Antarctic ice loss could add three meters to sea-level rise

by John Anderson 6 days ago in habitat

Researchers from the University of California found evidence demonstrating a huge loss of ice in East Antarctica during a warm interglacial period, recorded 400,000 years ago.

Antarctic ice loss could add three meters to sea-level rise
Loss of ice causes the grounding line to move inland. This line is the point at which the ice loses contact with the ground and begins to float.

Researchers from the University of California found evidence demonstrating a huge loss of ice in East Antarctica during a warm interglacial period, recorded 400,000 years ago. The results were published in the journal Nature.

As global temperature increases, ecosystems are presenting irreparable environmental damage. Antarctica is one of them. Recently, it was found that the East Antarctic Ice Sheet, the world's largest ice sheet, may be at greater risk of collapse danger than previously thought.

A study, published in Nature, reveals that 400,000 years ago a large part of that layer, of approximately 295,000 km², collapsed in the ocean during a period of relatively mild heat. This detachment caused the sea level to rise more than three meters. The worrying thing, researchers at the University of California warn, is that this could happen again.

Terrence Blackburn, professor of Earth and planetary sciences at the University of California and lead author, explains that “At the time of the previous collapse, the amount of carbon dioxide in the atmosphere had reached approximately 300 parts per million (ppm). It is now at 400 ppm. This has led to serious consideration of the possibility of the ice sheet being reduced. ”

For the study, the researchers focused on the Wilkes Basin, one of several basins that are considered vulnerable to melting. Currently, this area contains enough ice to raise the sea level from 3 to 4 meters. Blackburn says that ice flows slowly through the basins from the interior of the continent to the floating ice shelves on the margins.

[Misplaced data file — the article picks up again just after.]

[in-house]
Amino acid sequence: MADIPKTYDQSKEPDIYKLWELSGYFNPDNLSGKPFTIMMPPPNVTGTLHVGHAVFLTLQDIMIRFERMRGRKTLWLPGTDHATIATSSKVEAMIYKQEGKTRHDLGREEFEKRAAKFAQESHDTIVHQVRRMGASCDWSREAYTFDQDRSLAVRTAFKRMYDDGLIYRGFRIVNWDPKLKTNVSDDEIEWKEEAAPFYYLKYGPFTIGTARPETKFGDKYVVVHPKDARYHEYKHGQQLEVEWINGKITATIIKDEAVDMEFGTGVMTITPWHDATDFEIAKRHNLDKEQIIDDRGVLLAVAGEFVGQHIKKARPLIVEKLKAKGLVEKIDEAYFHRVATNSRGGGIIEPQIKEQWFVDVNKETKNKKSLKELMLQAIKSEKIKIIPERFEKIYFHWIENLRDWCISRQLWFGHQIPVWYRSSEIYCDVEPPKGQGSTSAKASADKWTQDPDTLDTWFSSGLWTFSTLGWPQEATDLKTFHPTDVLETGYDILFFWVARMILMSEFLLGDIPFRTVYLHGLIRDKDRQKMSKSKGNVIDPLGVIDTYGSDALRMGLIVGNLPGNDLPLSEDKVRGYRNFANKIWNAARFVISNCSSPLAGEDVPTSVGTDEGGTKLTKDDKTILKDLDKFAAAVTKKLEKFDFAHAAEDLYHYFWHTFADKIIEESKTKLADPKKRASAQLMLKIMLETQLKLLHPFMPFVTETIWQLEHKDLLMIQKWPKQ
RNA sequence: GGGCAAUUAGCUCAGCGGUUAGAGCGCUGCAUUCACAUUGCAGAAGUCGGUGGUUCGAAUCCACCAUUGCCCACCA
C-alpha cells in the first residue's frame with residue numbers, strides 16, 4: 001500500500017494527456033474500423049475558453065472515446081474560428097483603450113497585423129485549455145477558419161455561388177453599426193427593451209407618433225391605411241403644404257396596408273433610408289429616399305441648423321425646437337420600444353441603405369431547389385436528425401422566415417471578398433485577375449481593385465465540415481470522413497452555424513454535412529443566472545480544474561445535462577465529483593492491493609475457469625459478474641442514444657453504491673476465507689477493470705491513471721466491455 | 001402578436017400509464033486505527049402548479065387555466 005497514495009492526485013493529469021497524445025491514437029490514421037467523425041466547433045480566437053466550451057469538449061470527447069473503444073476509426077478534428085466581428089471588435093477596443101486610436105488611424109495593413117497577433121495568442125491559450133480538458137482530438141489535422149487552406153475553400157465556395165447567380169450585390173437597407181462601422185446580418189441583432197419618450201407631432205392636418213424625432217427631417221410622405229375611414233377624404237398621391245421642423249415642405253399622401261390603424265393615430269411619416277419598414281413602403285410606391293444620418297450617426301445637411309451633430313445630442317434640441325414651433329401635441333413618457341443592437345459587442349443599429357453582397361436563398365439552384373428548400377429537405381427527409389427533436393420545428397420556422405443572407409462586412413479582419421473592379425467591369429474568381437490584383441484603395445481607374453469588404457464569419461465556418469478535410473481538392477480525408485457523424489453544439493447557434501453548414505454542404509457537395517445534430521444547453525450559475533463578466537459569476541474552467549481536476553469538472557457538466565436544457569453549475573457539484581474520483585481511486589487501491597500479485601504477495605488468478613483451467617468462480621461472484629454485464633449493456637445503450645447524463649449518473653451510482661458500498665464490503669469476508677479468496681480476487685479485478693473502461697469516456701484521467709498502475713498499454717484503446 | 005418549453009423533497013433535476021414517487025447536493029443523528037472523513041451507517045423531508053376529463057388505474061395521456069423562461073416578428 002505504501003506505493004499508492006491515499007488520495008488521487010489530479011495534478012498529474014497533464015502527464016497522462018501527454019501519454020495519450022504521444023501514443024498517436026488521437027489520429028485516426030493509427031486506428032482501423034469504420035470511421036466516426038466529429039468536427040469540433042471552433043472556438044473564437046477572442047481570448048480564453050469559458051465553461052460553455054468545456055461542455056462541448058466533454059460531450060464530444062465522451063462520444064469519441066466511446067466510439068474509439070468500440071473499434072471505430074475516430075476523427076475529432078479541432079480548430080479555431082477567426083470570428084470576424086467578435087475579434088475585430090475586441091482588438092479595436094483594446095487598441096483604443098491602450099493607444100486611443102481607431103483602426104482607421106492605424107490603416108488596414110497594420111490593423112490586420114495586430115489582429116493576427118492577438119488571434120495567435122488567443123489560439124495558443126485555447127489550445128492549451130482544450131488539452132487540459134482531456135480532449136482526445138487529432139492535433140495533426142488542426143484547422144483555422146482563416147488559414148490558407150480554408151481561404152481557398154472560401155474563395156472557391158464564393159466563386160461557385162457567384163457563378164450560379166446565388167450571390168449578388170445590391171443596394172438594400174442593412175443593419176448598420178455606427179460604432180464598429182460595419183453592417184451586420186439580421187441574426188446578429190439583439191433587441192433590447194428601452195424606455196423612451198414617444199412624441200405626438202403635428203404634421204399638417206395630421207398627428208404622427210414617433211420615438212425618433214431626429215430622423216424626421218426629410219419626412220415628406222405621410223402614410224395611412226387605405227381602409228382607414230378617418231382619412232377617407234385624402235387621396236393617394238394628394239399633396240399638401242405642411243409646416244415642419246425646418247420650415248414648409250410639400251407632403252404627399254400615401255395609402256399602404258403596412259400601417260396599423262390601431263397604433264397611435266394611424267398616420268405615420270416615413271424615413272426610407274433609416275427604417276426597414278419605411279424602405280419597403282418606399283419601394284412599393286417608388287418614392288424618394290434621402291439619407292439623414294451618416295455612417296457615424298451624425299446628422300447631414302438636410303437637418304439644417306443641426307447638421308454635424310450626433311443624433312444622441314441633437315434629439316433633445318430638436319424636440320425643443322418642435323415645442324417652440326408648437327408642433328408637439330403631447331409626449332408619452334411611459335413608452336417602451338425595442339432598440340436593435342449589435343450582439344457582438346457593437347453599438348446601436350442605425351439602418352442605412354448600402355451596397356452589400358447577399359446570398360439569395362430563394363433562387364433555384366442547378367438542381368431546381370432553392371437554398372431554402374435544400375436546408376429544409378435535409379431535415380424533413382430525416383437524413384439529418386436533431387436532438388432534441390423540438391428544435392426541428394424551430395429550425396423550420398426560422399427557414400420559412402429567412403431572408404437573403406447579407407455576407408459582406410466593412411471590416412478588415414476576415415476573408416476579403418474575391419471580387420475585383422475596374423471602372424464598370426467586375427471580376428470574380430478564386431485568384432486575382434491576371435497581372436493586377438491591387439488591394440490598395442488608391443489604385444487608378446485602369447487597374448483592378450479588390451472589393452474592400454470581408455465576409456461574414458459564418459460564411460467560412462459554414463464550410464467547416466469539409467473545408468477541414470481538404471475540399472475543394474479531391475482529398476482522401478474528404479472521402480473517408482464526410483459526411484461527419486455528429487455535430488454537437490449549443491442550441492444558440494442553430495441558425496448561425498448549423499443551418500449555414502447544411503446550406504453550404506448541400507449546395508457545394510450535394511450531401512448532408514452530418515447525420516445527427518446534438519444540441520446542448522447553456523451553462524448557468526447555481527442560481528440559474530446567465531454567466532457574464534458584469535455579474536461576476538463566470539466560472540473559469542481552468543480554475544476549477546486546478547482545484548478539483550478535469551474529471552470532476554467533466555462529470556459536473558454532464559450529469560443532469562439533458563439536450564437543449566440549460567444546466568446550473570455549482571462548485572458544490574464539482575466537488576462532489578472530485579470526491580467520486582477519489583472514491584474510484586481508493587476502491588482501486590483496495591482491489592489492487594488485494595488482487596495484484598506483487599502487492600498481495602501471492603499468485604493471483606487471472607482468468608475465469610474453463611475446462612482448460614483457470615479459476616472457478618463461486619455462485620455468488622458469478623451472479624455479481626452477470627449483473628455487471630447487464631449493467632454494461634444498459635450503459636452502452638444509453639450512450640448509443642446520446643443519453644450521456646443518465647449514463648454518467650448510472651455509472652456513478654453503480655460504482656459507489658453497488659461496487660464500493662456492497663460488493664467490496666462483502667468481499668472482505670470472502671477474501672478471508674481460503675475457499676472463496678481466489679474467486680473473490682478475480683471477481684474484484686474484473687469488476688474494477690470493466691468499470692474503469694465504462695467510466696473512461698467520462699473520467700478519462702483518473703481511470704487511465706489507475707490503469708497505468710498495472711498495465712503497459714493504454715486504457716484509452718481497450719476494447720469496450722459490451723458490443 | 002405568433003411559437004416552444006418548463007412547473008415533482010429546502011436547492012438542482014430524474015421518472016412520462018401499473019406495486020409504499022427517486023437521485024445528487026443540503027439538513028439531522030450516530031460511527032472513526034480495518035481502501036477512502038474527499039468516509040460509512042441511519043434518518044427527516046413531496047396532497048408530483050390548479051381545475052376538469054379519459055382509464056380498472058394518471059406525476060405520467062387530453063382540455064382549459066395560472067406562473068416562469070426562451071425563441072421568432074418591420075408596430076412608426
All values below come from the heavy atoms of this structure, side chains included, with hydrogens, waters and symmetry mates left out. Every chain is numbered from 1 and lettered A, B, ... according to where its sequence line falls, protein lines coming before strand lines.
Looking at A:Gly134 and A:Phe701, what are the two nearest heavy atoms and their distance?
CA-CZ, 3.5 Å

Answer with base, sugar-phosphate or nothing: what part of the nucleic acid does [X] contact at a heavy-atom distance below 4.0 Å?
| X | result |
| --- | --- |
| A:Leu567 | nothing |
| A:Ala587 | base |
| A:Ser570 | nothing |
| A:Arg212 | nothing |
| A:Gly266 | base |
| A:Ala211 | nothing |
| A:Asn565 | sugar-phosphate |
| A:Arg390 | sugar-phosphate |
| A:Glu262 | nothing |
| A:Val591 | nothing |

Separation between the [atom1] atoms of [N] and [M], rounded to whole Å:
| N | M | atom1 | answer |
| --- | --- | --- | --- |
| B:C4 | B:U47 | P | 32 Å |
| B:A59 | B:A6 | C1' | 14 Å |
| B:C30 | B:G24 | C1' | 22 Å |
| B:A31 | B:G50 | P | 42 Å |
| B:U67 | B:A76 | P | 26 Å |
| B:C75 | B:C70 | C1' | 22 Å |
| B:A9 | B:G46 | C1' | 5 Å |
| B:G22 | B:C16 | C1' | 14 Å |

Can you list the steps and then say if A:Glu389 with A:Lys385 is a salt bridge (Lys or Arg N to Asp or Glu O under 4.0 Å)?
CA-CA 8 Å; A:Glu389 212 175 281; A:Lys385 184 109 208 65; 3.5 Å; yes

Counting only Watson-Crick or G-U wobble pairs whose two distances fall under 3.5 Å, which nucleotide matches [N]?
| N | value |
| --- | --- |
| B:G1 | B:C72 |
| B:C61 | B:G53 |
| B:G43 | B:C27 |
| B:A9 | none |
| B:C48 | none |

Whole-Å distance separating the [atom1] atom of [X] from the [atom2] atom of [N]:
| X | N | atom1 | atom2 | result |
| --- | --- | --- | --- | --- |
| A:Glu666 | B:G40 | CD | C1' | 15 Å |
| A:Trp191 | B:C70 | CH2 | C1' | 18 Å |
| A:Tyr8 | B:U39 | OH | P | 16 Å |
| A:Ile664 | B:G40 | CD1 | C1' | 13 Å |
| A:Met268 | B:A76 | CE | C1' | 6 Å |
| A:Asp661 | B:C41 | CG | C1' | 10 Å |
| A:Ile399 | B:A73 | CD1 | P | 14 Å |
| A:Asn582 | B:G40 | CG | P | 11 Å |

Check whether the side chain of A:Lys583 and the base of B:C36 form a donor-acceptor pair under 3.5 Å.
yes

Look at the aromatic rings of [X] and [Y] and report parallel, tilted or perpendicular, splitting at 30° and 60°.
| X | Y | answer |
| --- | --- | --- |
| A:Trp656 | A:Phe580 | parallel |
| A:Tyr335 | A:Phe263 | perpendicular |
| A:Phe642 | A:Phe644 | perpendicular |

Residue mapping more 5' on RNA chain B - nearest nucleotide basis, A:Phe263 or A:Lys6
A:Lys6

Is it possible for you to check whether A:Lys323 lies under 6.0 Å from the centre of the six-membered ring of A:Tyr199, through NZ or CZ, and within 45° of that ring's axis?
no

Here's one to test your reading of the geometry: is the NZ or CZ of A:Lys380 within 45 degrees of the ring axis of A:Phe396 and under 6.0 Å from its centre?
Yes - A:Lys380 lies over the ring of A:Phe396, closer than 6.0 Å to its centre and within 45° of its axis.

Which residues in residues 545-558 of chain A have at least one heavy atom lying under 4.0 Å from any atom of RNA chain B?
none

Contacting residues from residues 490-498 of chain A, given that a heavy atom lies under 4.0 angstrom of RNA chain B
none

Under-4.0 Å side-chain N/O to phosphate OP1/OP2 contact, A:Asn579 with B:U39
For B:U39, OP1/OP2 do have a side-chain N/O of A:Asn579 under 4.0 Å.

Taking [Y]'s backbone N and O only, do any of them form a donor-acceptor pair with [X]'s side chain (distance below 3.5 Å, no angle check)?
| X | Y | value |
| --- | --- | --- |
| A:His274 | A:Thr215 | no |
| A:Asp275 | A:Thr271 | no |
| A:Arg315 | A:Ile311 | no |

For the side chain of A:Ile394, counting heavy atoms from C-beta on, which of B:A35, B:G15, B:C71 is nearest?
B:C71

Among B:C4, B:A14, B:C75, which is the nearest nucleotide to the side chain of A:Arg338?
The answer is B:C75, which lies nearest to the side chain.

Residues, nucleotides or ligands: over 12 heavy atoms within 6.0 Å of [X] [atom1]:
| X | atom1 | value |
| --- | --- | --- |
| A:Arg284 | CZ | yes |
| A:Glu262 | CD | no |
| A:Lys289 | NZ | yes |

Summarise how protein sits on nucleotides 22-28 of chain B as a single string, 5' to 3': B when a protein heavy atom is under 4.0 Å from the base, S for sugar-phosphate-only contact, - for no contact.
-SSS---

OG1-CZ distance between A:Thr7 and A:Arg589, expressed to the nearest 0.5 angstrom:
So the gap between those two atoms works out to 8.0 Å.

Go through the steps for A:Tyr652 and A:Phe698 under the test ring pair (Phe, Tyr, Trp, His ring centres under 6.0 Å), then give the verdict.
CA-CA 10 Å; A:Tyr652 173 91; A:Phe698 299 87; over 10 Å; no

Therefore, the loss of ice causes the grounding line to move inland. This line, adds the researcher, is the point at which the ice loses contact with the ground and begins to float. "Our data shows that the grounding line in the Wilkes Basin receded 700 kilometers inland during one of the last really hot interglacials when global temperatures were 1 to 2 degrees Celsius warmer than they are now," he says.

For Blackburn, the retraction of the grounding line, most likely, contributed to the sea level rising from three to four meters. The researchers made a comparison with current greenhouse gas emission scenarios and found that it could lead to sea levels rising by 13 meters. However, he cautions, it wouldn't happen all at once because it takes so long to melt so much ice.

To calculate estimates of sea-level rise caused by melting glaciers, the researchers used a technique based on measurements of isotopes in mineral deposits that record past changes in subglacial fluids. They found that in Antarctica water is trapped at the base of the ice sheet and moves very slowly as long as the ice is stable.

As the ice remains stable, adds the researcher, it accumulates at very high levels over long periods, U-234, which is an isotope of uranium that accumulates very slowly in water that is in contact with rocks. "The ice sheet acts as an insulating blanket, so heat from the Earth's interior causes melting at the base," says Blackburn.

"The water flowing under the ice begins to freeze over again at the edges, concentrating all dissolved minerals until it becomes supersaturated and the minerals precipitate to form opal or calcite deposits. Those deposits trap uranium-234, so we can date the deposits and measure their composition, and we can trace that overtime to get a deep history of the composition of the water under the ice cap, ”he says.

The study suggests that U-234 in subglacial water in the Wilkes Basin was ejected during the interglacial period 400,000 years ago when the ice melted and the ground line was removed. "We have opened the freezer door, but that block of ice is still cold and not going anywhere anytime soon. To understand what will happen on longer time scales, we need to see what happened under comparable conditions in the past, "says the researcher.

Source: Sciencemag

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John Anderson
John Anderson
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John Anderson

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